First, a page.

Hiring Practices in Japan and in France: Search for a first job begins one year ahead of graduation in Japan while in France it begins after graduation (2)

Mr. Hiromasa Suzuki
Emeritus Professor, Waseda University
Associated researcher at IDHE-ENS-Cachan, France Fellow Researcher


In France, the search for the first job is less institutionalised and depends on individual qualification. In general, students apply for the first job, once they have obtained their diploma (in June).  The speciality field of diploma determines the possibility of application; if a student followed law degree, she/he has to look for a job related with law. For technical jobs, only students of natural sciences and technologies have a chance to get technical jobs. As a rule, the power to recruit new employees is decentralised to each functional units. If there are vacancies in these units, employment notice will be released, which specifies job description and required qualifications. Candidates are in general interviewed by the manager of the unit concerned, together with the human resource manager. They are recruited for a specific job.


This traditional pattern of hiring is today somehow modified, largely due to a slumping employment situation. A number of students undertake apprenticeship programme by which they work in enterprises during summer holidays to acquire a good knowledge of the job. If these trainees give an entire satisfaction, it is likely that they will be offered a job by the enterprise after graduation. Another exception is the students of so-called ‘grandes écoles’. These are highly selective engineering schools and business schools. Enterprises are eager to recruit these brilliant students for managerial posts. For the bulk of university graduates with background of humanities or social sciences, it is not easy to get a suitable first job. Nowadays, they are offered at best a temporary position with fixed term employment contract. It is by getting occupational experiences that they can get a stable employment.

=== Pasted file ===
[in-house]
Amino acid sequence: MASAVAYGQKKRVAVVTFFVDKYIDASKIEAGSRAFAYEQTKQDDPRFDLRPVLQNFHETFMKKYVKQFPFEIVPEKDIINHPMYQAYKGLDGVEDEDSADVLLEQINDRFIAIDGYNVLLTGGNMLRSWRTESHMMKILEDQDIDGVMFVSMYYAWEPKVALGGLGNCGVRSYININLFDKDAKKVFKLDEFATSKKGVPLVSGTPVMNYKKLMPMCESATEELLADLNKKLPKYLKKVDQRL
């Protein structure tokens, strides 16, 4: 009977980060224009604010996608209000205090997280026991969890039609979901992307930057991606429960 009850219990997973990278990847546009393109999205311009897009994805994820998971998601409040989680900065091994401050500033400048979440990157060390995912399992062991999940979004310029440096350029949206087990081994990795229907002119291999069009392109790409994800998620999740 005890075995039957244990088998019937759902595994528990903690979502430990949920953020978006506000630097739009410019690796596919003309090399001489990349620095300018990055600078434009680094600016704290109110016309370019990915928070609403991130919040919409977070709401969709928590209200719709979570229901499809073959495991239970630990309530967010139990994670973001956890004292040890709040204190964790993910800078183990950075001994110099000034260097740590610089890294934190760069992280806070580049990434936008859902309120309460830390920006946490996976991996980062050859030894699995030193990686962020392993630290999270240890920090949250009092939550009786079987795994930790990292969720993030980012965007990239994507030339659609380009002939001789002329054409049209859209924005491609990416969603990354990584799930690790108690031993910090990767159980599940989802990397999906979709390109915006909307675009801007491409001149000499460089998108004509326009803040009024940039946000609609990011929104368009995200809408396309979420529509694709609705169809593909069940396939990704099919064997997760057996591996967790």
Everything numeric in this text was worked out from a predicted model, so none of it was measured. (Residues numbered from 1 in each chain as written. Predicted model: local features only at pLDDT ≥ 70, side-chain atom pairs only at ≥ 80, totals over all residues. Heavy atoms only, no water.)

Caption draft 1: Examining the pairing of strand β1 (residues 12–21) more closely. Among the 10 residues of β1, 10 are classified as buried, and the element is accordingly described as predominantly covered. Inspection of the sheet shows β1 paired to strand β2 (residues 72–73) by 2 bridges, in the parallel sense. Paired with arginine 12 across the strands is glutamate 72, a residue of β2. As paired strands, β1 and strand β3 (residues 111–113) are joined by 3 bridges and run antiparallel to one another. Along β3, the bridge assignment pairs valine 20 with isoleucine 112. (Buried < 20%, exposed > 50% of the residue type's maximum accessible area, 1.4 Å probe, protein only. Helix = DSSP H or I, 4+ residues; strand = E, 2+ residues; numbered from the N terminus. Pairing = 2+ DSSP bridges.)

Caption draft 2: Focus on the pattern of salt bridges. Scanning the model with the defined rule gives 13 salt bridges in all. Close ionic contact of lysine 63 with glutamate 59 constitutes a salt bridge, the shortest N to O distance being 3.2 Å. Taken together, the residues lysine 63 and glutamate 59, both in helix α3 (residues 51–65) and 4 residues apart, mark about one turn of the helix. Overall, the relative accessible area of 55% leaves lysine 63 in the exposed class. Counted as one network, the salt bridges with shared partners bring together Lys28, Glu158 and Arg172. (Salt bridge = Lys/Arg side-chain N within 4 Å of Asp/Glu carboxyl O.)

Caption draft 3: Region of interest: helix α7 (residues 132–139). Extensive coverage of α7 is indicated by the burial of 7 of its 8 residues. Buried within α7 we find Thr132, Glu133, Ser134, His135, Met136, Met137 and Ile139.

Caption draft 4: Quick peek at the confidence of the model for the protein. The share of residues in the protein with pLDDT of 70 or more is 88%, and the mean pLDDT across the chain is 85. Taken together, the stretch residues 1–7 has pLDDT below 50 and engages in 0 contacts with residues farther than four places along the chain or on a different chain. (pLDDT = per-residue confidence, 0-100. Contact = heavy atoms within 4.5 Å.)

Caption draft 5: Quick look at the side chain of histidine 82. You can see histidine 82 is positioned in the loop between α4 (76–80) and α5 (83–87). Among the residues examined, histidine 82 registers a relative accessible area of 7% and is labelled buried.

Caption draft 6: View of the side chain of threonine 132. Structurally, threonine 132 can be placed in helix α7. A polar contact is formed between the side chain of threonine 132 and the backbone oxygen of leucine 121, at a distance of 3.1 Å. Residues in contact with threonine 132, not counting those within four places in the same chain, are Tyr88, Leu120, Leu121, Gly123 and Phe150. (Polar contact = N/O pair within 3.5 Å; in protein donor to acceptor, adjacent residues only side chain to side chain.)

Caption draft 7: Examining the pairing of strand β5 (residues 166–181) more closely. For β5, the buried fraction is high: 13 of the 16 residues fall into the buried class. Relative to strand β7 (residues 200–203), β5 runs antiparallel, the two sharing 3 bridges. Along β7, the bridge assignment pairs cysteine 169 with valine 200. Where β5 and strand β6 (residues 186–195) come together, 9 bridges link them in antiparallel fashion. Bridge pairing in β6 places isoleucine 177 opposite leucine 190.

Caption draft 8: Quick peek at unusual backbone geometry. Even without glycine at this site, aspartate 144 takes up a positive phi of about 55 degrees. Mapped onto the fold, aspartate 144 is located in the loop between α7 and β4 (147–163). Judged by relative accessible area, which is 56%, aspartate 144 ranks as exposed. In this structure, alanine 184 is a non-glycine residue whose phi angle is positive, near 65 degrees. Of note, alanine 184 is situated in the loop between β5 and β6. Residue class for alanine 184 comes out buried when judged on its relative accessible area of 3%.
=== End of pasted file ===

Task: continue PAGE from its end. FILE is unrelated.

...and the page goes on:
Finally, some remarks on a comparative point of view. Japanese hiring practice is based on the assumption that employees, once recruited, stay in the same enterprise for a long-time, while in French enterprises, occupational knowledge to fill specified jobs is required. It is important to underline that this Japanese hiring practice is limited to large organizations and permanent employees. Non regular workers, that is, part-time workers and fixed term workers are excluded from career employment track. But, a typical employment has been continually on the rise and accounts for nearly 40% of all workers. Moreover, there are also those who quit the first job, dissatisfied with work or human relations. One out of three among university graduates and half of high-school leavers are estimated to quit the first enterprise over three years after initial employment. Once out of the traditional track, those who move face very limited opportunity for good and stable jobs, due to an underdevelopment of the labour market. They are likely to move to service sectors with much less satisfying conditions of work and career prospect.


In France, changing jobs when workers are young is part of their career plan. One may say that French workers manage themselves their career plan, while in Japan, it is up to enterprises to provide career prospect for their employees.

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